Presto tempo means “very fast, very quick” and it is classified as a very up-beat tempo in music. It ranges from 168 to 200 beats per minute. In Italian, presto means “quickly” or “rapidly” and in English, presto often appears as an instruction for tempo.
In reference to sheet music, tempo markings for tempo are not simply words or expressions, but a tempo must be indicated with an accompanying tempo marking. In music notation, tempo is often written at the start of a piece to help musicians coordinate their playing or practice. The tempo marking also helps to indicate to other musicians whether the tempo should be taken “slowly” (and conversely, whether it should be taken “quickly” or “presto”).
Tempo has several meanings, but it is primarily a tool for instructing and directing an ensemble. When musicians perform music at the same tempo, they play more accurately and quickly than if they attempted to follow the tempo markings exactly. A highly skilled musician can play music considerably faster or slower than the pace marking implies.
A tempo is usually connected to a piece’s construction. Tempos with a high speed may include passages that are not played or sung as rapidly, while tempos with a slower tempo may feature sections that are performed or sung at a higher rate than the overall pace of the music. It is important to consider tempo markings when learning new music because many composers will indicate tempo changes within their work.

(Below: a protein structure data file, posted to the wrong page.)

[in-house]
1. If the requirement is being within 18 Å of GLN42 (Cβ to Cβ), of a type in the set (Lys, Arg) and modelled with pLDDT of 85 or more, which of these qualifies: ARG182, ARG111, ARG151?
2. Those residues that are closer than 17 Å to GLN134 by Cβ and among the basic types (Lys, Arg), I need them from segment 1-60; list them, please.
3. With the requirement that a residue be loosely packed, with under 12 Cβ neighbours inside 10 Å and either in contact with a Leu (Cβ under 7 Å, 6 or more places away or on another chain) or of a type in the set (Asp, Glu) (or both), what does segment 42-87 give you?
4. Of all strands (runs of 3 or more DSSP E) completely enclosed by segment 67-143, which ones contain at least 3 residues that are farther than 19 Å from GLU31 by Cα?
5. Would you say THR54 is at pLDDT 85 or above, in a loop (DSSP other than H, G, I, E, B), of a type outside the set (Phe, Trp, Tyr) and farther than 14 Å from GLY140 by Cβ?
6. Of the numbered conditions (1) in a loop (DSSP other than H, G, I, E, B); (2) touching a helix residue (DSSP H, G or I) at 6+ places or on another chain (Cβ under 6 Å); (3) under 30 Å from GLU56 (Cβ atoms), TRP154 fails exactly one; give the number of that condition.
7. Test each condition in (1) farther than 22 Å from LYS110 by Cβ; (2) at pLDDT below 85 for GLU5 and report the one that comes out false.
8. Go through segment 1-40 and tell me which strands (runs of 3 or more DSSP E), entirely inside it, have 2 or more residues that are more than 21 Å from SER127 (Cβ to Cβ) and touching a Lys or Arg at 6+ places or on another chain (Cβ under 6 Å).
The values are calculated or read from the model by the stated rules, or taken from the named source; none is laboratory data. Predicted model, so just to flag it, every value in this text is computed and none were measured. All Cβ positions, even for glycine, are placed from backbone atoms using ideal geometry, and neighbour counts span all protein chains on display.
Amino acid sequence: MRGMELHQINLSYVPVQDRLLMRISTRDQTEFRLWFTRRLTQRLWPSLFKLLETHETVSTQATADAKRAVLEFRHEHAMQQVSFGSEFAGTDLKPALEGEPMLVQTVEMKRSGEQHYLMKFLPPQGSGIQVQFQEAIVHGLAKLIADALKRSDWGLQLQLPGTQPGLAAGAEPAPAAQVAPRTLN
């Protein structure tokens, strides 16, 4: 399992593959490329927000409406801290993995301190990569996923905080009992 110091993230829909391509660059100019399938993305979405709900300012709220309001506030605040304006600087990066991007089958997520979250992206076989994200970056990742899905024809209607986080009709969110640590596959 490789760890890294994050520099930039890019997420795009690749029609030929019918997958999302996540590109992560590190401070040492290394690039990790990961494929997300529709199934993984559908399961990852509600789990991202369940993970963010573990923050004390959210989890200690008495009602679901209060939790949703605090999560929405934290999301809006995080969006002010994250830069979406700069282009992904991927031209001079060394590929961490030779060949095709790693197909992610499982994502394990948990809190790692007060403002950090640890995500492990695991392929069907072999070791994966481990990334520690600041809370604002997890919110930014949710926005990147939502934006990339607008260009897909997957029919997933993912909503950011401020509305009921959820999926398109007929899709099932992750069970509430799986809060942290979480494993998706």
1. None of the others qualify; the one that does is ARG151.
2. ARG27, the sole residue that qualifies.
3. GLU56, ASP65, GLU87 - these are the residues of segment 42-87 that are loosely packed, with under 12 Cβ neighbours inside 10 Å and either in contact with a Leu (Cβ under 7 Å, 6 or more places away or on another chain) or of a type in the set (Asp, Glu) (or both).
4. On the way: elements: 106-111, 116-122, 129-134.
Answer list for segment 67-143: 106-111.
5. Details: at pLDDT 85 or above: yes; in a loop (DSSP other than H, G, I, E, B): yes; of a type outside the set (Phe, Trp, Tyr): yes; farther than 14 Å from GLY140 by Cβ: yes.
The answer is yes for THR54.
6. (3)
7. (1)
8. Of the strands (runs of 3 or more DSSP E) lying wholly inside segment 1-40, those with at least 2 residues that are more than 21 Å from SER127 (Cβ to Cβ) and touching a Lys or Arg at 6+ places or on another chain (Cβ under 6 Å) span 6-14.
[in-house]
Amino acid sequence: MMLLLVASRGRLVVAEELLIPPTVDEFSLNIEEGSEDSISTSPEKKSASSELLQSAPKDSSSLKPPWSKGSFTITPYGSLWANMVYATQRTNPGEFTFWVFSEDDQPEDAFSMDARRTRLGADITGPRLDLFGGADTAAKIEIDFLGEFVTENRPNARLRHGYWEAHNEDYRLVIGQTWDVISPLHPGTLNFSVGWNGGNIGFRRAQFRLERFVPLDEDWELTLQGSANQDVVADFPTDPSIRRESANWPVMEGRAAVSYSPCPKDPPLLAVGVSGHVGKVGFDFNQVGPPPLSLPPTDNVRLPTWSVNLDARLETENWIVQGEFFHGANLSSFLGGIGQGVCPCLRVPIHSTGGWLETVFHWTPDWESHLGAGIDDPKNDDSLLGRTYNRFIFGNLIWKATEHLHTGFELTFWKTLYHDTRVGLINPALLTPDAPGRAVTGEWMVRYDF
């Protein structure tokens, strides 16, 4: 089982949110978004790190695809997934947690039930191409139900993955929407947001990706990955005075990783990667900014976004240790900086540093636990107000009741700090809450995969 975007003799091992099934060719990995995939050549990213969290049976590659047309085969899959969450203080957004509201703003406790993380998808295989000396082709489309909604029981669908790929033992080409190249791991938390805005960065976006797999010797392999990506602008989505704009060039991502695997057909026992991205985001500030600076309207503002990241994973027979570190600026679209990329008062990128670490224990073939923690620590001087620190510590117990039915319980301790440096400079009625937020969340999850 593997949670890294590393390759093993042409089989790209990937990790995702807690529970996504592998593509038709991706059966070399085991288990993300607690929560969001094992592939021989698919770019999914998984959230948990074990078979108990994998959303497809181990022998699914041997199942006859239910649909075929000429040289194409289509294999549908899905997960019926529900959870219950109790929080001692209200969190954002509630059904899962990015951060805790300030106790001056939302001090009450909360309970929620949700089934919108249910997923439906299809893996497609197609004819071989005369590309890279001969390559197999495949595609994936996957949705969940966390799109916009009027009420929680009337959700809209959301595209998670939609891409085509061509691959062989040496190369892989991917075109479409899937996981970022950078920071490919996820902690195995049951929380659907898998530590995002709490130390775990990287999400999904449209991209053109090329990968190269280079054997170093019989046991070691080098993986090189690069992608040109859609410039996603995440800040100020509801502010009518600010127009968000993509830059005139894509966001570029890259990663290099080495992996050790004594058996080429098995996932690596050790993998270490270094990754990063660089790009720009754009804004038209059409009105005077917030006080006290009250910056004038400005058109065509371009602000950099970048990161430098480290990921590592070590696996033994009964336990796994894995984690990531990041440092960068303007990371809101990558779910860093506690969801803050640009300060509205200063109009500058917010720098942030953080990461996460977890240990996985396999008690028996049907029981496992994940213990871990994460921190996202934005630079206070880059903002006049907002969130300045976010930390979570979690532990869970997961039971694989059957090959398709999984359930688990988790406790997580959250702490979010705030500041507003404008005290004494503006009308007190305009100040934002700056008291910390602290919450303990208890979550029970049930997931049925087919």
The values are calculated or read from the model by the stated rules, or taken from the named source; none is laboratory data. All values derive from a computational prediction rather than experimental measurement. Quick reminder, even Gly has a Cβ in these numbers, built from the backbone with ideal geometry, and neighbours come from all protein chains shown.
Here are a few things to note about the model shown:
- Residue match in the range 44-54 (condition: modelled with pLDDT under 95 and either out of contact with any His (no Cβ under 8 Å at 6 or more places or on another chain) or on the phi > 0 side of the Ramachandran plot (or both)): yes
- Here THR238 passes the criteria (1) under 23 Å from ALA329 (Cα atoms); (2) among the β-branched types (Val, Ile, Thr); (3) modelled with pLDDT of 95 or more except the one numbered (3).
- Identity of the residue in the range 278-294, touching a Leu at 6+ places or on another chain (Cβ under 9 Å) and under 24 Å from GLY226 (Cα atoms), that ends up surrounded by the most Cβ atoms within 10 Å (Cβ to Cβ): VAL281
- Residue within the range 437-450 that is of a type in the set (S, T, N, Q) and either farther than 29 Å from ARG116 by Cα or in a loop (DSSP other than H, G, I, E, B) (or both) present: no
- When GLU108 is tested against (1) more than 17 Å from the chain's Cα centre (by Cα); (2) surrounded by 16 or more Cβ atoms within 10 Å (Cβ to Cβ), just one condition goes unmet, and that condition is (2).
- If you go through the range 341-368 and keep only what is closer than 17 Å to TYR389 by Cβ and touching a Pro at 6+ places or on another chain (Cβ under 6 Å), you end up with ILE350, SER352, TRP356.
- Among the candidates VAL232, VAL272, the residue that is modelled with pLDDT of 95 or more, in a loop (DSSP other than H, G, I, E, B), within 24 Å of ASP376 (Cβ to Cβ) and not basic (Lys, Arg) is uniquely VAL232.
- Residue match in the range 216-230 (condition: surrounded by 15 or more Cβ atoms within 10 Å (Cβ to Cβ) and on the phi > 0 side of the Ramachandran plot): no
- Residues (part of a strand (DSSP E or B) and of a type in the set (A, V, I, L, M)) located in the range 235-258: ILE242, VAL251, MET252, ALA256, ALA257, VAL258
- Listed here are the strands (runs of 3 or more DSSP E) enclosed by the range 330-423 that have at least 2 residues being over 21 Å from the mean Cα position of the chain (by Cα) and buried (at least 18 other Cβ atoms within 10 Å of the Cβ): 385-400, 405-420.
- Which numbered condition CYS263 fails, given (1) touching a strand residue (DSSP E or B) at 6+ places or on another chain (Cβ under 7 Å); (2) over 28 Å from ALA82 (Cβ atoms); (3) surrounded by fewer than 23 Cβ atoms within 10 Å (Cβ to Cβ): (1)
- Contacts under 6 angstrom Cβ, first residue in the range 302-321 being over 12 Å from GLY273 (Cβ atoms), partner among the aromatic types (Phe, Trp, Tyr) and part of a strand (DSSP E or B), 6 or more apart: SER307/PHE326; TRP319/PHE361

The History Of Presto
The tempo marking originated in Italian classical music, but it appears in many other genres as well. Presto was first used as an instruction for tempo in the 18th century. The Italian word presto means “quickly” or “rapidly,” and tempo markings like presto are one of the most important tempo indicators in music.
The tempo marking presto is considered to be one of the fastest tempos that can be realistically performed by an ensemble. The tempo marking is commonly used with other tempo indications, such as allegro (which also means “fast”) or vivace (which means “lively”).
Presto is sometimes combined with another tempo indication. For example, presto ‘ma non troppo’ means that the tempo should be very fast but not overly so, and therefore will require some restraint by the performer. It is common to combine tempo markings in this way because tempo indications are relative. Tempo markings indicate tempo relationships, not absolute tempo.
Examples Of Presto Tempo
A good example and a very popular song is a-ha – “Take On Me”. An absolutely legendary song with a ‘presto’ tempo that took over the ‘80s. To name some other ones: Nickelback – “How You Remind Me”, Foo Fighters – “The Pretender”, Gorillaz – “Clint Eastwood”, Rage Against The Machine – “Killing In The Name” and many more down the line.
The term “presto” was first used to describe a tempo indication in the 18th century. Presto is a very upbeat tempo that ranges from 168 to 200 beats per minute. The average tempo for most songs will be around 120 beats per minute, whereas this is very upbeat and energetic which could fit into genres like rock or punk music. As you can see by the examples of music, presto is also commonly used in pop music as well.